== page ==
Sometimes I still want to scream what he did from the rooftops, but I'm not ashamed anymore. I was a child, who was manipulated & taken advantage of - and that's nothing to be ashamed of.

    I admire your strength, and I hope that your healing keeps going well.

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  9. This post is so powerful. I sometimes feel like the unluckiest person ever in the sexual assault arena. I was sexually molested by my then step-father-who-adopted my sisters and I and who was a pastor. And then, because I felt so dirty and ashamed, I hated my body and myself that I lived a pretty hard lifestyle - full of partying and bad decisions, twice being in compromising situations involving drugs or alcohol. I still feel the guilt and blame, but I learn each and every day that it was NOT my fault to be victimized, even if i did make bad choices. Anyway, I am pretty sure that I want to create my own version of this, something creative that can say very affectively what my lack of words can't. Thank you for your bravery - in ALL your posts, not just this one.

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  10. I was sexually assaulted by someone I have known my entire life. He grabbed me, pinned me down, choked me and tried to remove my clothes with his hands and teeth. When I said no, over and over, he told me he thought it was hot.

    I told my boyfriend, who instantly called my parents and the guys parents (he was out of state). I took refuge at an ex's house, stayed with him for a month. I learned that many people didn't believe me, and that my own father was going around slandering my name. He called my friends, my boyfriend, other family members to tell them I was a slut and a liar.

    I never pressed charges- if so many people who know me don't believe me, why would total strangers believe me?

    I'm not ashamed of myself, but I'm resigned to the situation. I'm sorry that it happened to you *hugs*

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  11. Wow. You are all so damn inspiring, even if some of you don't see it yet... <3

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  12. On a side note... I was molested when I was 5 by a neighbor who was in a wheelchair. His wife, yes I said his wife, would lure us in with promises of candy which they kept in a box on top of the fridge. When he was done mowling us she would give us candy and send us off. There were a few of us kids who came from 'troubled' households that were targeted. Anyway, lets just say that it opened up a lot of sexuality for a little kid and some odd experiences for about 8 years until I was a teenager, but it could have been a lot worse. I was a child who came from ugly living conditions and I was a fighter from birth, so when I realized that we were moving (Yay) I knew that that last visit would be the last time I would have to fear these 'people'. In an act of rebellion and plain old 'fuck you assholes' I wore the tightest, pair of pants I owned. They were pink polyester with 4 little gold plastic buttons and the waist. They were so tight that they hurt my tummy and when I was sent in to 'visit' the asshole I stood there and dared him to be capable of getting in my pants. He couldn't. I left feeling powerful and I still believe to this day that this is why, although angry and disgusted at these people I never blamed myself and when I was really old enough to look back and make some sense of it all I was not wounded by it. I never allowed it to define me once I hit my teens. Anyway, by then I had adult men trying to get to me but I knew how to protect myself by them. For all this I have an uncanny ability today to not only smell a predator from across the room, but I can read a wounded person and why they are wounded like it was my own experience. These are good things that came from a bad time and for that I am thankful! I will always be thankful for that little kid with the fuck off streak and those pink polyester pants.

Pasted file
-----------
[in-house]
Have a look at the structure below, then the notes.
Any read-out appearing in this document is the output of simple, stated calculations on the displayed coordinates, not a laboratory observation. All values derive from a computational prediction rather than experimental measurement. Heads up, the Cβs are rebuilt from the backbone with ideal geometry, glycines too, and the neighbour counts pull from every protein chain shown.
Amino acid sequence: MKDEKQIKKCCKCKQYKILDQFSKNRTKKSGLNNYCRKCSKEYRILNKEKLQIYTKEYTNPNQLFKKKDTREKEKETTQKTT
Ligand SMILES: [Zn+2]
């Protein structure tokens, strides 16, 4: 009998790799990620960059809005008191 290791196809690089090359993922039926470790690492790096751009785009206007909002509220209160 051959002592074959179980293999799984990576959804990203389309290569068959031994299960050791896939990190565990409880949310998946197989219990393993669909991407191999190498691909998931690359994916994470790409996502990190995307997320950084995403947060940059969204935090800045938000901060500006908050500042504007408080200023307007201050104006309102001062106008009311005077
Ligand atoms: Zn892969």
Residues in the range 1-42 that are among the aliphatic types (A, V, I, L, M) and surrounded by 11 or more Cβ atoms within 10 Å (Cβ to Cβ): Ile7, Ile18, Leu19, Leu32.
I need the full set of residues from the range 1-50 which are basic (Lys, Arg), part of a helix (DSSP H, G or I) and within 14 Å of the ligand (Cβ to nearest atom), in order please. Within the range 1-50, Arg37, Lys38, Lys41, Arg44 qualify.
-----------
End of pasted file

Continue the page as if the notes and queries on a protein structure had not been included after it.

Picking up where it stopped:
Much love...
    M

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  13. I stumbled across this today and just want to say thank you. Though reading through the comments made me incredibly sad, I know we are not alone. It is beyond tragic to see story after story where a rapist gets away with this horrific act because we are ashamed and in many cases called a slut or a liar. I reported my assault and yet dropped the charges due to the police, whose sole job is to protect, acting like I was a burden to them and that I wouldn't have much of a case since alcohol was involved. Looking back years later I am most angry at the authorities handling my case for persuading me to not press forward. I hope more women find the strength to speak out so we can end this horrific cycle.

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  14. Thank You~My current subject matter with my therapist, unburdening myself of responsibility for being raped as an 11 year old. Very moving.